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It's Karen's Turn column: Pay for homeschools? Ban nuke power? What political parties want for Minnesota

The following is an opinion column written by an Echo Press editorial staff member. It does not necessarily reflect the views of the Echo Press.

Our turn
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Election day is Tuesday, Nov. 8, and some people say they vote for the person while others say they vote for the party. I argue there's not much difference.

While candidates might claim to represent their districts, they primarily represent their political parties. In legislatures, political parties even elect a position called a whip, to make sure that party members adhere to the party line.

Going against one's political party can hurt an elected official's political career — and result in that official's inability to successfully advocate for his or her district.

A 2015 book, "Party Discipline in the U.S. House of Representatives," by University of Minnesota political professor, Kathryn Pearson, examines how House political party leaders increasingly commanding loyalty in roll call votes, campaign contributions, and partisan speeches.

It's helpful to look at the party platforms before you decide who to vote for, to make sure they match up with your own values and in the best interest of the district you live in.

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Party platforms are easily found online. Here is a random sampling of their positions.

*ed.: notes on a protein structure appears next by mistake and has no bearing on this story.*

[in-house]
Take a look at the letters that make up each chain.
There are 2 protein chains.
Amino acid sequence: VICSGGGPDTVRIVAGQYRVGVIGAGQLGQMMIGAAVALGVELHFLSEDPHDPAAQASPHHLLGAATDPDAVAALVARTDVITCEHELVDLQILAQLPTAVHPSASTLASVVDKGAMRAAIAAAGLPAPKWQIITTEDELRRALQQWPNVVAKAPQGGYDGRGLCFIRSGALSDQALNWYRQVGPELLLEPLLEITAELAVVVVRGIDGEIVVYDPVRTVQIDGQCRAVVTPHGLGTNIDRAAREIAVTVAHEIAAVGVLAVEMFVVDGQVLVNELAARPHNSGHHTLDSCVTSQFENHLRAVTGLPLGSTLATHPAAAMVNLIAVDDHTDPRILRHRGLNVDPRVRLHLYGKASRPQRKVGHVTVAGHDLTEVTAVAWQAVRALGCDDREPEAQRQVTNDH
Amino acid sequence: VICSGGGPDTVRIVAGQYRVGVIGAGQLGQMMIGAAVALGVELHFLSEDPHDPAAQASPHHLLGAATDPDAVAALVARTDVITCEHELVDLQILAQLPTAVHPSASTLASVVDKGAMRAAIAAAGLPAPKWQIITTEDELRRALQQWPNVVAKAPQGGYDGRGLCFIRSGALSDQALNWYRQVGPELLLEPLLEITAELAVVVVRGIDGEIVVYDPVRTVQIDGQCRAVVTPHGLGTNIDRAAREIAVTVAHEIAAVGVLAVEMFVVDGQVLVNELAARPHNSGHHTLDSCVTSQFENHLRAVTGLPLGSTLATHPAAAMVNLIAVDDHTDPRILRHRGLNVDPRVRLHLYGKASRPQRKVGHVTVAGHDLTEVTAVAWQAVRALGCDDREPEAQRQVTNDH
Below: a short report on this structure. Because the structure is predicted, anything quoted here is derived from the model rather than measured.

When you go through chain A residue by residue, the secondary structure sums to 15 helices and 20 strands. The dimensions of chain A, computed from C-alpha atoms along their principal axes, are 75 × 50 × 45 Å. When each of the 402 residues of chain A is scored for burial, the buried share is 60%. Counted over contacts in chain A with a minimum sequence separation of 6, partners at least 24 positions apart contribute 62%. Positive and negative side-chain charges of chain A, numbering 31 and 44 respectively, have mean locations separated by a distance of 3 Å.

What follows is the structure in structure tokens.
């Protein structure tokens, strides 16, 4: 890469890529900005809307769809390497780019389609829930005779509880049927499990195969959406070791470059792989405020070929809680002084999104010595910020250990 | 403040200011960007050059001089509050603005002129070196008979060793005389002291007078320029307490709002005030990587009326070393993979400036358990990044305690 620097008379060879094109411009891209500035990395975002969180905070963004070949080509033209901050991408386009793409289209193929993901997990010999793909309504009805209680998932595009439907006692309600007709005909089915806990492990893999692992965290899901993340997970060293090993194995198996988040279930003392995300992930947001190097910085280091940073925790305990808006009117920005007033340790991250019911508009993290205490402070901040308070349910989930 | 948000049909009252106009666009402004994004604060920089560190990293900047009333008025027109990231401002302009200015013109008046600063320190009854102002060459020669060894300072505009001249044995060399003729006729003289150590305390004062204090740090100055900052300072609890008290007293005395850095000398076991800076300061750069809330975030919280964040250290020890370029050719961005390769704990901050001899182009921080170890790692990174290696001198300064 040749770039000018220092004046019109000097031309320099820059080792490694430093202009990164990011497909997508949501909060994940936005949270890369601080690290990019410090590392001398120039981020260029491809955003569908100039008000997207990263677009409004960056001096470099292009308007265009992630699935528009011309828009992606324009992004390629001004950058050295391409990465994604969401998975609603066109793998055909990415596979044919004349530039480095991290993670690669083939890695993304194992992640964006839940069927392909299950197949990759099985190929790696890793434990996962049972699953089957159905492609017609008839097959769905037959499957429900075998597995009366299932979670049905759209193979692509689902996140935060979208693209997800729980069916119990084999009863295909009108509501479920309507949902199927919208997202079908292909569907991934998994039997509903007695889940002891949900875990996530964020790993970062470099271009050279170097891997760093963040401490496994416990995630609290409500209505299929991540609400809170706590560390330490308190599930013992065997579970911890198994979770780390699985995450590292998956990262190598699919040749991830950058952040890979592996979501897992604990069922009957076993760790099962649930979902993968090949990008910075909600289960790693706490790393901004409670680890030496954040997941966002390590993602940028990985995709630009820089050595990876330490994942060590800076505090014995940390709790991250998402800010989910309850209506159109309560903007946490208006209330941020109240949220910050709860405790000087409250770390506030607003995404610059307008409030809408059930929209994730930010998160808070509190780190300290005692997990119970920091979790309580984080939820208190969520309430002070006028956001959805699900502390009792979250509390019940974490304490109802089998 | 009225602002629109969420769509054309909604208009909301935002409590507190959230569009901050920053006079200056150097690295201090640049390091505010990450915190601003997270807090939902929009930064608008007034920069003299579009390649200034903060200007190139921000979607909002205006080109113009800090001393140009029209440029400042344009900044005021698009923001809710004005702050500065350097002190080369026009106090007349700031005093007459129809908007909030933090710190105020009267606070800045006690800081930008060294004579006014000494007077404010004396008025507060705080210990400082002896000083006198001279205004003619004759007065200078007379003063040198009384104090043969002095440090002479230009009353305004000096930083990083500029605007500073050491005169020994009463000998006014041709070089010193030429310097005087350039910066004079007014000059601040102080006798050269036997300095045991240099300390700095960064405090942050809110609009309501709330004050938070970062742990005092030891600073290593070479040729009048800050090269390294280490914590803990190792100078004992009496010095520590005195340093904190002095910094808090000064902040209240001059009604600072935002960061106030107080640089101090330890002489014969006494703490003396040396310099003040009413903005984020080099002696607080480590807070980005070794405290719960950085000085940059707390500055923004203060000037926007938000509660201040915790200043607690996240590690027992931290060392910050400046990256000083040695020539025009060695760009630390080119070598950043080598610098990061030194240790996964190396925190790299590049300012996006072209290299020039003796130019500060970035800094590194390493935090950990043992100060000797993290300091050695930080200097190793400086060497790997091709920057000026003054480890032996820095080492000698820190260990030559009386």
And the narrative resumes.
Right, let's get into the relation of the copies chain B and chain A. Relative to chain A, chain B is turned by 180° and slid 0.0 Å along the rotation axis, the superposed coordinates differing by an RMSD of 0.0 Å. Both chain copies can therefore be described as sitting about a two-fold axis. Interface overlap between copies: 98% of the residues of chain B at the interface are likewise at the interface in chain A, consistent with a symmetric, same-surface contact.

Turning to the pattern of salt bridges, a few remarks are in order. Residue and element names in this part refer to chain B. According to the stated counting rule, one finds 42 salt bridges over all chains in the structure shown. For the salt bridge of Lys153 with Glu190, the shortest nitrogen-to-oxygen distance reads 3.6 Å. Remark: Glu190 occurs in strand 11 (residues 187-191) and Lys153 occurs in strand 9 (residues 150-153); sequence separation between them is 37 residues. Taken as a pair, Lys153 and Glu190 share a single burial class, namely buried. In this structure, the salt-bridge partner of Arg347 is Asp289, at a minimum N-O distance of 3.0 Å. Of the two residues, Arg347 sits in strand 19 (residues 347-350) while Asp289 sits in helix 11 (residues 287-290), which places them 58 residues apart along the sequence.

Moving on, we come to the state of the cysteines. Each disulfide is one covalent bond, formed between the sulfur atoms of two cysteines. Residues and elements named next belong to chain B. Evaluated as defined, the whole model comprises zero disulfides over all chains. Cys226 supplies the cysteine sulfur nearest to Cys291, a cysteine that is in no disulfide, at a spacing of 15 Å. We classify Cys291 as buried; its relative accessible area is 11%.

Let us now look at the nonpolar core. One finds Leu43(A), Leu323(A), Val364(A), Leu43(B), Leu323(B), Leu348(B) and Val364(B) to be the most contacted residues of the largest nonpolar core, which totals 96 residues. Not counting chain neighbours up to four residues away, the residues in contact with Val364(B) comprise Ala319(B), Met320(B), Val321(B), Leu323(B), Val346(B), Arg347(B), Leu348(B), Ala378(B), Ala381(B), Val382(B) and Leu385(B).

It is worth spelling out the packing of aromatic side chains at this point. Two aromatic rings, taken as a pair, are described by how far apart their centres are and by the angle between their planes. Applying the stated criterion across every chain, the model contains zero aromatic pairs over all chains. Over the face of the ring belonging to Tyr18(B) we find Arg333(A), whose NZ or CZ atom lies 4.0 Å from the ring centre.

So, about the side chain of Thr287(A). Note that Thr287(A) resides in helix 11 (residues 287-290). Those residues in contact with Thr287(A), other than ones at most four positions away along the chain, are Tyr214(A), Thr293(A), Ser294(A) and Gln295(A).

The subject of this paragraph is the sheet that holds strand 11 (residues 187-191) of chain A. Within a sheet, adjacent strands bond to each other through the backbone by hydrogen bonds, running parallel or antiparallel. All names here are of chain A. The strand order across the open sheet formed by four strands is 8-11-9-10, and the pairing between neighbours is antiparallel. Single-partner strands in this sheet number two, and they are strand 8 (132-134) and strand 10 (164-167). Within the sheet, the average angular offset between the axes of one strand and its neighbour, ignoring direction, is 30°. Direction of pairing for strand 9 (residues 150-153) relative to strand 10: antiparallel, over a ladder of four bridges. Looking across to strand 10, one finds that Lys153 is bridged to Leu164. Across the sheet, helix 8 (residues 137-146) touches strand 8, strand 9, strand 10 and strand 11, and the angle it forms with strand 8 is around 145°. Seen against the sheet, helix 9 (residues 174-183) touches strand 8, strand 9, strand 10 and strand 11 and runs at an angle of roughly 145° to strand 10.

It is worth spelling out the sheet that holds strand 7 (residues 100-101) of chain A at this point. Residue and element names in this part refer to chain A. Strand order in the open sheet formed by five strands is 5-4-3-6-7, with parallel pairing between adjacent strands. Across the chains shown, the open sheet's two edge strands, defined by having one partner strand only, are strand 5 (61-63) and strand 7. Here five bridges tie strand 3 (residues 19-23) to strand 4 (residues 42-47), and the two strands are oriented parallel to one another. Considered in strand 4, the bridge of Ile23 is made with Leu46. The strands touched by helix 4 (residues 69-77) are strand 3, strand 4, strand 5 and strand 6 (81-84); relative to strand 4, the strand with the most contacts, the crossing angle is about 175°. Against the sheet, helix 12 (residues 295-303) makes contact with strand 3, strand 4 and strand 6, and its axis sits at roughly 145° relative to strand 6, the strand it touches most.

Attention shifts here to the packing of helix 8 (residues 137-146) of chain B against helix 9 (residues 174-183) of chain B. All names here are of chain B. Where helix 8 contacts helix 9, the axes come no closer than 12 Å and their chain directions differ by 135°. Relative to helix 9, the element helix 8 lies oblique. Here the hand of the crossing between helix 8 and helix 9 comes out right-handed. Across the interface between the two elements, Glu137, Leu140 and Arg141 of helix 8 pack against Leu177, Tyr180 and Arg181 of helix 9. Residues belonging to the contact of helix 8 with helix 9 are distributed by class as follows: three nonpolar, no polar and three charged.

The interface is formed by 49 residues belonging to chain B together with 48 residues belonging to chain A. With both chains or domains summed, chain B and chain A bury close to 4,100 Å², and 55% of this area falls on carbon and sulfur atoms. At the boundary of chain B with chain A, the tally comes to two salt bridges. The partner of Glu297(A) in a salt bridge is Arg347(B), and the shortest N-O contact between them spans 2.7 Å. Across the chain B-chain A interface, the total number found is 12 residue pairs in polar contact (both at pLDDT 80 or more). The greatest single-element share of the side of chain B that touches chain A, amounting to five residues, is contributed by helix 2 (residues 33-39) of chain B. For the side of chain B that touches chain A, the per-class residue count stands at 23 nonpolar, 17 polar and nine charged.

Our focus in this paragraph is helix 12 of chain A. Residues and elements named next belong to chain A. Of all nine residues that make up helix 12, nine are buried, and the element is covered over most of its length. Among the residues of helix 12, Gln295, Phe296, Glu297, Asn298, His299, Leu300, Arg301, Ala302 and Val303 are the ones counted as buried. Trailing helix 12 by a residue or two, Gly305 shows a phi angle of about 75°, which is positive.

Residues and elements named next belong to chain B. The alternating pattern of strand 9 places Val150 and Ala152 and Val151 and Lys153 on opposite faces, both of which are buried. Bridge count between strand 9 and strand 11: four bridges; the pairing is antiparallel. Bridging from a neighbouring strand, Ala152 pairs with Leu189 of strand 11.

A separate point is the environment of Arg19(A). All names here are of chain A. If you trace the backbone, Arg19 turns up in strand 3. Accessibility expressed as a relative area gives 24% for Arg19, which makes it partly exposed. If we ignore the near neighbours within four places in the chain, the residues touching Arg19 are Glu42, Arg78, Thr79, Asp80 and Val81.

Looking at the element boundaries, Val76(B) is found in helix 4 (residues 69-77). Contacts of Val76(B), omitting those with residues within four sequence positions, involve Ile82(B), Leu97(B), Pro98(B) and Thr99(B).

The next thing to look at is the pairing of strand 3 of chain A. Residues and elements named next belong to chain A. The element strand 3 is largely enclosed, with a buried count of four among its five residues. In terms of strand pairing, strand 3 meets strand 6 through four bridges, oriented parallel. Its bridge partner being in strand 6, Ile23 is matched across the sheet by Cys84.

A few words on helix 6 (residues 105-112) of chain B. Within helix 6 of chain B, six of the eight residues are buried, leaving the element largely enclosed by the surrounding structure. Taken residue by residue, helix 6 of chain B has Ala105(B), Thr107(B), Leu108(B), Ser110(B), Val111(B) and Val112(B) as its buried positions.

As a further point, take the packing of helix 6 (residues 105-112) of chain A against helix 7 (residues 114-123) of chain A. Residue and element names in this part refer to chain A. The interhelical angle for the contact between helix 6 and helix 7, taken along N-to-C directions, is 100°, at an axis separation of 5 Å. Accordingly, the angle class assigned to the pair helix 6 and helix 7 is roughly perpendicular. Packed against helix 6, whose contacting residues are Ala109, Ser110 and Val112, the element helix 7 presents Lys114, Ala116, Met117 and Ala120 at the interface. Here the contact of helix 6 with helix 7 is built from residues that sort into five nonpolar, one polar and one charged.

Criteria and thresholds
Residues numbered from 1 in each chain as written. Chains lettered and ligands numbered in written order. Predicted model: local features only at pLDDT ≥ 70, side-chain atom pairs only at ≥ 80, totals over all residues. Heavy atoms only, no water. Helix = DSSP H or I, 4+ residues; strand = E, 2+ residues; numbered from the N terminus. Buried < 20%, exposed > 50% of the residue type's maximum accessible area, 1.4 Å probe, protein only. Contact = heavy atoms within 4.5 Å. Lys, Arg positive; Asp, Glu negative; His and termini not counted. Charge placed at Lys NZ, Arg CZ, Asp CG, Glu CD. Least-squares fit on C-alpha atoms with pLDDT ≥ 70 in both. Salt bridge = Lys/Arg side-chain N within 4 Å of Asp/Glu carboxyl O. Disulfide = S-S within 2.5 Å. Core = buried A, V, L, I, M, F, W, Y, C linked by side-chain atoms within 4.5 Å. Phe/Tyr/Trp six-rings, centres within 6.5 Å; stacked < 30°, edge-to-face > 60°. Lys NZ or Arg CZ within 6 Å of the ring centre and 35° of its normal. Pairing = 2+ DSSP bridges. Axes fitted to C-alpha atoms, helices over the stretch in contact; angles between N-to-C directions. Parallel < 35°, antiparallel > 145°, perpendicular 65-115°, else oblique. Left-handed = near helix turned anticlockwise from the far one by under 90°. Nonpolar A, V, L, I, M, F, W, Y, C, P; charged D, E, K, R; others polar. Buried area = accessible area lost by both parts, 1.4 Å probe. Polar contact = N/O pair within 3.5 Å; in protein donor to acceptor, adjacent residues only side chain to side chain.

Minnesota Republicans:

  • Want to phase out social security.
  • Oppose corporate welfare.
  • Would prohibit the use of Social Security numbers for any purpose other than Social Security identification.
  • Say the state should pay for homeschool students as well as those who attend private, charter or public school.
  • Argue that public employees should earn no more than private sector workers.
  • Don't want the federal government, DNR or nonprofit land trusts to acquire any more land in the state.
  • Want the Legislature to meet only every other year.

Minnesota Democrats:

  • Support a single-payer health system.
  • Oppose nuclear power as an energy source.
  • Want mandatory arrests for domestic abusers.
  • Would exempt senior citizens from paying property taxes in certain circumstances.
  • Want to tax agricultural lands based on production value rather than market value.
  • Support preservation of biodiversity and wilderness.
  • Would tax all income producing property owned by tax-exempt organizations at the same rate as other income producing property.

There are are two other major political parties in Minnesota, the Grassroots-Legalize Cannabis Party and the Legal Marijuana Now Party . They have platforms as well.

The Grassroots party supports single-payer health care and requiring all teachers in Grades 1-12 to hold a master's degree at minimum, with free master's program tuition for the top 10% of students. It wants campaign finance reform and it supports policies to fight climate change.

The Legal Marijuana party's platform focuses on legalizing homegrown cannabis. It would also erase past marijuana convictions, ban employment drug testing, abolish the Drug Enforcement Agency, combat pollution through the sustainable use of hemp, and support third party initiatives.

Get educated before you vote. As always, our future depends on it.

“It’s Our Turn” is a weekly column that rotates among members of the Echo Press editorial staff.

Reporter Karen Tolkkinen grew up in Plymouth, Minnesota, graduated from the University of Minnesota with a journalism degree in 1994, and was driven by curiosity to work her way around the United States.
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